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Facing budget cuts, Willmar School Board votes to lay off 29 teachers

WILLMAR -- The Willmar School Board voted to lay off 29 teachers from all or part of their jobs in an effort to cut $1.4 million from the district's budget.

WILLMAR -- The Willmar School Board voted to lay off 29 teachers from all or part of their jobs in an effort to cut $1.4 million from the district's budget.

At its meeting Monday, the board adopted a list of cuts proposed by the district's administrators.

School officials have said the cuts were needed to adjust to falling student numbers and to deal with rising costs while school revenue is tightly restricted by the state.

The cuts total about 3.5 percent of the district's $40 million budget.

The district's goal is to have an unrestricted fund balance of 7 percent of expenditures for the coming year, leaving a cushion of about 3Β½ weeks' expenses.

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As a result of these budget cuts, the district will increase its class sizes from kindergarten through senior high.

Class sizes will begin at 20 students per section in kindergarten and gradually increase through the grades until they reach an average class size of 27 to 28 students in junior high and senior high.

Other impacts of the cuts include eliminating mock trial, eliminating two elementary school social workers and consolidating secondary department chair positions. The number of layoffs might have been higher, but the district was able to eliminate the positions of some staff members who retired or resigned.

In some cases, like with Title I teachers who help at-risk students with reading and math, staff members could be recalled when the district knows more about its funding levels for the next school year. The same is true of instructors who work in early childhood programs.

"Some of this could be precautionary in nature," said Superintendent Kathy Leedom. However, she added, state deadlines make it nearly impossible to cut staff positions after June, so district often lay off teachers who are called back once more is known about funding and enrollment.

Federal Title I funding has been shrinking for several years, even though the need for the services is still there, Leedom said.

"It is unfortunately a sign of the times on a national level," she added.

The cuts in Title I staff are unfortunate, Leedom said, and she hopes the district can recall some of the teachers. Along with the loss of funding in recent years, the district has been required to set aside some of its Title I funding to pay for staff training because the district did not score highly enough in some areas of the state's standardized tests last year.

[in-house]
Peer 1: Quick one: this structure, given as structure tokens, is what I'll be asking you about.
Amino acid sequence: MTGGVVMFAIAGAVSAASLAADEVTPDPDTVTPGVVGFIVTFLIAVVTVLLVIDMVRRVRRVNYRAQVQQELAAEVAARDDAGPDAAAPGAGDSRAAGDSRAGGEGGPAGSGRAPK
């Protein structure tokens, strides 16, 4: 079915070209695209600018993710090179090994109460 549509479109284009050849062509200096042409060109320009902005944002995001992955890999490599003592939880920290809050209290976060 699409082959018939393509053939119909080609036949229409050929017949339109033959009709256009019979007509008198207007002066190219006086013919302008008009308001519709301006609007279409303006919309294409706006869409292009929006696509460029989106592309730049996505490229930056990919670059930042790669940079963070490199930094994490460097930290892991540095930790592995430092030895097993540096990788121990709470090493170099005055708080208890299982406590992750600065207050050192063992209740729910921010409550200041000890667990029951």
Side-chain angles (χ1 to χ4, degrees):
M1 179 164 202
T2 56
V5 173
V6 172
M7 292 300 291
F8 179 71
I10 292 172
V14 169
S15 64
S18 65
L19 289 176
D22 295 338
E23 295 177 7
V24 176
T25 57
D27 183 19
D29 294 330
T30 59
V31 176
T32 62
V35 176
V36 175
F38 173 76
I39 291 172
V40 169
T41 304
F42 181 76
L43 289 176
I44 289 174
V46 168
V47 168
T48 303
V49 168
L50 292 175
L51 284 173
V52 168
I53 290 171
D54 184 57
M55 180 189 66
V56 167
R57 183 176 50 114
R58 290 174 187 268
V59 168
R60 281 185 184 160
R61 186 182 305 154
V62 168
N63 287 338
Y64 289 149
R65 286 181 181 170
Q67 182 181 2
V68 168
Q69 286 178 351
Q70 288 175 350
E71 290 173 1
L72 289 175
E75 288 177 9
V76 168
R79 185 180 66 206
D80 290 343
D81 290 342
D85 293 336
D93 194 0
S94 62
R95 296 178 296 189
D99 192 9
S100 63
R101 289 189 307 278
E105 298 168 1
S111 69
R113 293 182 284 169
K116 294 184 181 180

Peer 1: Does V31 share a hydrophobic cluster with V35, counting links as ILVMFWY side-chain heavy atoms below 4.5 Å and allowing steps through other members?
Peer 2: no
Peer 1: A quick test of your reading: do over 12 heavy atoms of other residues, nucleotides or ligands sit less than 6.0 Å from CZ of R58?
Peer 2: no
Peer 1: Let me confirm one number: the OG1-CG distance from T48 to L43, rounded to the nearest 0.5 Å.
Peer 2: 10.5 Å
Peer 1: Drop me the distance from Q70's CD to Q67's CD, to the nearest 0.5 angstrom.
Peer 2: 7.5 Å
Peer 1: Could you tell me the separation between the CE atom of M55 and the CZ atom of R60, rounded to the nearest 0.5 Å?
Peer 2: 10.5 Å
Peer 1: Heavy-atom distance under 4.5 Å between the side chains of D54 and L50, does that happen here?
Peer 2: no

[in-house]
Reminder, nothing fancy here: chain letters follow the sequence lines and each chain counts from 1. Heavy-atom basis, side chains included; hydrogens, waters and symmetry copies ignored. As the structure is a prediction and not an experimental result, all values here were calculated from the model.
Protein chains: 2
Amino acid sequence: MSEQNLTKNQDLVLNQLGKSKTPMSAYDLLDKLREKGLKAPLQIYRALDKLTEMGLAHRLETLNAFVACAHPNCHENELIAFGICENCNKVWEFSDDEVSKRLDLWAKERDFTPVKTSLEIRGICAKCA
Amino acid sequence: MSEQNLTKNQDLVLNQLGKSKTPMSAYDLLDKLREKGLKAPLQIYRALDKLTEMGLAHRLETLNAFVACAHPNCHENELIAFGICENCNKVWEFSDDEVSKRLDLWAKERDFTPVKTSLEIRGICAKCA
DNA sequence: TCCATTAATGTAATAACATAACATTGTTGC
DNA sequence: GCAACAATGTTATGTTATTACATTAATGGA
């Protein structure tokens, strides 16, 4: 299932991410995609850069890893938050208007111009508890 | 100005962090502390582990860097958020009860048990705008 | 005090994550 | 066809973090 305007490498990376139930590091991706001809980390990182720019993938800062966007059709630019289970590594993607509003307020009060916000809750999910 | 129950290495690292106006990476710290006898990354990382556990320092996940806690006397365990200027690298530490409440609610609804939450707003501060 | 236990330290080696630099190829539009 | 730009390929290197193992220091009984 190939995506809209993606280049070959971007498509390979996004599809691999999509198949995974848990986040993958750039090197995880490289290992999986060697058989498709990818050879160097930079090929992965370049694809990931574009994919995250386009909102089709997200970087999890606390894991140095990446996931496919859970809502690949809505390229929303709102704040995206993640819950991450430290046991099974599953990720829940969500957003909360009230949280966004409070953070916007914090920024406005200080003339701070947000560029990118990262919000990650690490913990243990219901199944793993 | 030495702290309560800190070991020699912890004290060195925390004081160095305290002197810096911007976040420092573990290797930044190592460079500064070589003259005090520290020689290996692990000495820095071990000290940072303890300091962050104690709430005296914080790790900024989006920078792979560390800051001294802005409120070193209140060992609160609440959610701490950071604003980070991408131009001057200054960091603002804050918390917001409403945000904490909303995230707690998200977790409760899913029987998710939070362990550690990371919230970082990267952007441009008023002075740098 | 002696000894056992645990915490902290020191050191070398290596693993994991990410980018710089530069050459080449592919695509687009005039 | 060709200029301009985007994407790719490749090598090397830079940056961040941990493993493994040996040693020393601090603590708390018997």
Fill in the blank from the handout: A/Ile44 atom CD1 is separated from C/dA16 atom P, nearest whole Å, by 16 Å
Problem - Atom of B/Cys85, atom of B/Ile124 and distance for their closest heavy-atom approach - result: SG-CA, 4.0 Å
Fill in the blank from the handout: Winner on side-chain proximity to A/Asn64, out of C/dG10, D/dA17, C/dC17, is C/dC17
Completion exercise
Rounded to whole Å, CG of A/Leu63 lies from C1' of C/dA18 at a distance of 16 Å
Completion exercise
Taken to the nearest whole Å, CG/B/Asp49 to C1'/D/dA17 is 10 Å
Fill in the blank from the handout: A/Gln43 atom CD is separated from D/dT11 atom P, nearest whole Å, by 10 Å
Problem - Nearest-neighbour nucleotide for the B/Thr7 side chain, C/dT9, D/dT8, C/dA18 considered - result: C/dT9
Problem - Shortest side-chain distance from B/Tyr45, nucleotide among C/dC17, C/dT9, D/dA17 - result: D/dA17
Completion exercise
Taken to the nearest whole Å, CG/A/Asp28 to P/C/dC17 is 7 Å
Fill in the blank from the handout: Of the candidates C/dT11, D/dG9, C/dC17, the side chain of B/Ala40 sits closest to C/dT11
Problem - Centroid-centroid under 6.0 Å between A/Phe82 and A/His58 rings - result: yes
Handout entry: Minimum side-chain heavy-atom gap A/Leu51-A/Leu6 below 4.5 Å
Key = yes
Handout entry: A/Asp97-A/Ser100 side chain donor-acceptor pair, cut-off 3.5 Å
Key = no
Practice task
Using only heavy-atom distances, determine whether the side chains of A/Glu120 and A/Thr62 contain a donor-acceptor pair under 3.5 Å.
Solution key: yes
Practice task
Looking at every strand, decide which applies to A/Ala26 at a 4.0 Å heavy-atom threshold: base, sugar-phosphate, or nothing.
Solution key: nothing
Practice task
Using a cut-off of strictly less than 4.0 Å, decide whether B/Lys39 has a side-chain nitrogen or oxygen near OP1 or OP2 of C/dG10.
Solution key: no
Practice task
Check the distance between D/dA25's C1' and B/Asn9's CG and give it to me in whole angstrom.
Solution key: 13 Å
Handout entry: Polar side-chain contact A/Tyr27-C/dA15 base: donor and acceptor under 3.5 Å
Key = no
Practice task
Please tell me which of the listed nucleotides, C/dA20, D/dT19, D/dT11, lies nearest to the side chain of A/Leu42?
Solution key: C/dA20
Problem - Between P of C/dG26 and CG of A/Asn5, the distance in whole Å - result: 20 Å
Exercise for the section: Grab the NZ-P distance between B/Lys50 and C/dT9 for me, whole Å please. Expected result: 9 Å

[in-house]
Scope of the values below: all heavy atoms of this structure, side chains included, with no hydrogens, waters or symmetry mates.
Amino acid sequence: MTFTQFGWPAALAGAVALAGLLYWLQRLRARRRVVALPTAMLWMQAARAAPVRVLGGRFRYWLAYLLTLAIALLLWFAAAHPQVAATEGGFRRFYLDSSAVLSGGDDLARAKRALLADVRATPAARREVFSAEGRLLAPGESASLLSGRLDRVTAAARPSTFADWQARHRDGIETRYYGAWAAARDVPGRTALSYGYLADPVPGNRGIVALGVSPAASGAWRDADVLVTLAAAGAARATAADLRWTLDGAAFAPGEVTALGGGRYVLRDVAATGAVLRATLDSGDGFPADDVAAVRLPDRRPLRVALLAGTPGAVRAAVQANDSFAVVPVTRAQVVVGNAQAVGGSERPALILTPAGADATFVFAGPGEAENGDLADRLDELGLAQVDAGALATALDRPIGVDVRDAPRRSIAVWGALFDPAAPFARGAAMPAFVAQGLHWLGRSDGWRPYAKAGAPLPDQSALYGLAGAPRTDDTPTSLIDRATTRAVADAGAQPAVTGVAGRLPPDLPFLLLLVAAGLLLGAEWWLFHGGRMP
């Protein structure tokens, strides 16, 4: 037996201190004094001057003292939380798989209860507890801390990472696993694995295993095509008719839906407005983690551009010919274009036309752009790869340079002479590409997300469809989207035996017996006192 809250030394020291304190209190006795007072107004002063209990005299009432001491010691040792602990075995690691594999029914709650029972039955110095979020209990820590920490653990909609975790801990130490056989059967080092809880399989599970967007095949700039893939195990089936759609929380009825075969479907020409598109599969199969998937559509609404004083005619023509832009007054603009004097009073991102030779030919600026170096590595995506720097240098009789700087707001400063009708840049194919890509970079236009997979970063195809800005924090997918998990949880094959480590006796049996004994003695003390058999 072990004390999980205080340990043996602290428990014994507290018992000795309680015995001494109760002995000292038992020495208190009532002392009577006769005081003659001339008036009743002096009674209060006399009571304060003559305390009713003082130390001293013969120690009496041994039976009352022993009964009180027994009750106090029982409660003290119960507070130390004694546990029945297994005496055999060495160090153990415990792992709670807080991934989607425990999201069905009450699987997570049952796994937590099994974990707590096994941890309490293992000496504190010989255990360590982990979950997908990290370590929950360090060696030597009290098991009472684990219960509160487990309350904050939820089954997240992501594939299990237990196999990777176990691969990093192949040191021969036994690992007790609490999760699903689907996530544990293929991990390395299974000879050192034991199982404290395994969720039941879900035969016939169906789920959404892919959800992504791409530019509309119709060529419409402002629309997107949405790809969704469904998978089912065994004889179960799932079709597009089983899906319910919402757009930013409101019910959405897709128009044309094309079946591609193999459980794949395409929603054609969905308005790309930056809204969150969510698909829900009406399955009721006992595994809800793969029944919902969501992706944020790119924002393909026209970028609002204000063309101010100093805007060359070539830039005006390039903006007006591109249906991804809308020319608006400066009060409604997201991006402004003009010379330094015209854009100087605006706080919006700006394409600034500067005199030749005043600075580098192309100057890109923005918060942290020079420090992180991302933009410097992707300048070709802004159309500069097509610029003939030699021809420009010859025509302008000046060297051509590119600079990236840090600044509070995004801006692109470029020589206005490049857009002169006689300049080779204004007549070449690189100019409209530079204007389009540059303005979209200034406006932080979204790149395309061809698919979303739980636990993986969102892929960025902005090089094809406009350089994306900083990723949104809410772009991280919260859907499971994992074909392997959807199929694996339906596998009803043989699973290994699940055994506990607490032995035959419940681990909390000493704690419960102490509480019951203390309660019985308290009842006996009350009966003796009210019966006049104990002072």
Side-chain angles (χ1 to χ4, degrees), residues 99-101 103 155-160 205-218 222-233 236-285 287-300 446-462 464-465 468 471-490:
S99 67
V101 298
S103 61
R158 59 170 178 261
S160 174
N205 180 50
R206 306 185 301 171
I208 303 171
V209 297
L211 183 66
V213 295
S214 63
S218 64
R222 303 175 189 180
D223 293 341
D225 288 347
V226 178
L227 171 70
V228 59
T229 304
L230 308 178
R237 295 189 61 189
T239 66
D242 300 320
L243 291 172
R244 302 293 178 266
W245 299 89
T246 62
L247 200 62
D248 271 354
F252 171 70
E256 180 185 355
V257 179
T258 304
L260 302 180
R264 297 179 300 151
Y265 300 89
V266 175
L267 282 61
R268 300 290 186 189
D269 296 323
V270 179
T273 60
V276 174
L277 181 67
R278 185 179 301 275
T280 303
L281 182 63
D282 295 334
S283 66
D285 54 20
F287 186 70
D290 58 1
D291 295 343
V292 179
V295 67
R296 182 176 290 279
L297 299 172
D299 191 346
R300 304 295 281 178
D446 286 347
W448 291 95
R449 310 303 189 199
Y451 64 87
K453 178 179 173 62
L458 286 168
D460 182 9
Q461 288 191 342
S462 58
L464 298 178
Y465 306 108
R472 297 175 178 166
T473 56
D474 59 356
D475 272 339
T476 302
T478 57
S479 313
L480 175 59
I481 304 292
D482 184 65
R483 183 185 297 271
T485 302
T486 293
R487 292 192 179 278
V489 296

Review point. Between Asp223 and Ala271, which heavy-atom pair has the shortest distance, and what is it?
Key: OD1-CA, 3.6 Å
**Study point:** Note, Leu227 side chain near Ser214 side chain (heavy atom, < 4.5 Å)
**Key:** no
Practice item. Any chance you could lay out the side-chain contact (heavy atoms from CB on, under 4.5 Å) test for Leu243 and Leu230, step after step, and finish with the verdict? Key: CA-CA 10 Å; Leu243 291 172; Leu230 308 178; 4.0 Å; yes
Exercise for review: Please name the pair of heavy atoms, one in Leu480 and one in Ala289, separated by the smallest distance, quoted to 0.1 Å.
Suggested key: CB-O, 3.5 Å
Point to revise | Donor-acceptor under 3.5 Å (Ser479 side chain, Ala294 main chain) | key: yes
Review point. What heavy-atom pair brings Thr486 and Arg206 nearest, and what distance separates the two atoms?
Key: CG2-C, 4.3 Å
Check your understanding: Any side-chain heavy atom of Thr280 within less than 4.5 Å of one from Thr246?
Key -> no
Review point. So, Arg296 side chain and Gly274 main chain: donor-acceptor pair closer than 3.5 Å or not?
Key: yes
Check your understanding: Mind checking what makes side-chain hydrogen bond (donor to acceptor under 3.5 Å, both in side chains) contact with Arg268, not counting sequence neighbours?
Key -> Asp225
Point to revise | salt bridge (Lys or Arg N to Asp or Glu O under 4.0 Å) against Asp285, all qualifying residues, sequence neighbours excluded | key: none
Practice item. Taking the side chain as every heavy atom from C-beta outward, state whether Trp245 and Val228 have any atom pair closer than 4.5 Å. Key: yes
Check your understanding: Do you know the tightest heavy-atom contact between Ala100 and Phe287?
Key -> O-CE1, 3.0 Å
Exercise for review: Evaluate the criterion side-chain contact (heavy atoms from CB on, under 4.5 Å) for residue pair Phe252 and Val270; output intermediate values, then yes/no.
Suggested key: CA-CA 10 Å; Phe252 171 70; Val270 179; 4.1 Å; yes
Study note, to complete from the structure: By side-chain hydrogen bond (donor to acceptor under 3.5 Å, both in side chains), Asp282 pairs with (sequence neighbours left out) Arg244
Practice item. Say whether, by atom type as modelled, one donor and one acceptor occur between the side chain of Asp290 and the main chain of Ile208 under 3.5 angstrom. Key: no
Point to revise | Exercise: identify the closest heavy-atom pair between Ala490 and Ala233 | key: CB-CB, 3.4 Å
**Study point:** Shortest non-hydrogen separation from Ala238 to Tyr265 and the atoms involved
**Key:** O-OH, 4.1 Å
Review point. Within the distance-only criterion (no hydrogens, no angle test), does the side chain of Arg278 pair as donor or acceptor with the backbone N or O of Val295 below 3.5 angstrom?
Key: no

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Board member Brad Schmidt, a lawyer, said he has been contacted by people who may try to raise money to keep the mock trial program going. He asked if it would be possible to reinstate the program is that happens.

If the money could be found from another source, "we would add it back as soon as we could get to a board meeting," said Senior High Principal Rob Anderson.

After the board voted on several resolutions to make the budget cuts and layoffs official, Board Chairman Mike Carlson said, "This is never a thing we like to do. We do definitely thank people for their service to Willmar Public Schools."

After the meeting, Carlson said it was difficult for the board to take the action.

Carlson referred to a statewide study of teacher layoffs released last week that indicated at least 1,000 teachers would be losing their jobs this spring. He also talked about state officials' concern about the possibility of 1,000 layoffs if the Northwest Airlines/Delta Airlines merger takes place.

"If we were any other entity, would the state be stepping in," he asked.

Leedom talked about the same issue. "It is such a call to action about the need for adequate funding for students in the state of Minnesota," she said. "Students are not able to repeat the learning opportunities that are missed because of budget cuts."

The teachers who were laid off are listed below. Tenured staff members will be on a recall list for five years and will have an opportunity to return if the district has a job opening that is in line with their licensure.

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Some of the teachers currently work part-time, and some were placed on leave for only a portion of their jobs.

Of the tenured teachers, one was laid off full time -- Michael Mohs, director of secondary alternative education. The others face partial layoffs: Amber Erickson, Title I; Rebecca Larson, Title I; Alicia Madsen, Title I; Lyndsey Post, Title I and physical education; and Meghan Wiebe, Title I and English language learner.

Full-time layoffs of probationary teachers include David Bendickson, science; Brian Gauer, math; Michelle Gregersen, physical education; Jennifer Larson, adult basic education; Edwina Lorensen, ELL; Nichole Miksche, elementary instructor; Carrie Jo Richards, special education; Jason Schorn, Science; Sara Squibb, communications.

Probationary teachers facing partial layoffs: Sandy Baker, elementary music; Elsa Bross, ELL; Tracy Borstad, early childhood; Kathryn Droske, French; Shauna Eilts, elementary music; Shayla Honken, parent educator; Maria Iedema, ELL; Jennifer Laumeyer, early childhood family education; Edward Oehlers, physical education; Katharine Orth, physical education and Title I; Ann Rislov, school readiness and family education; Gloria Skalbeck, business; Sarah Swenson, early childhood; Jan Turner, group home tutor.

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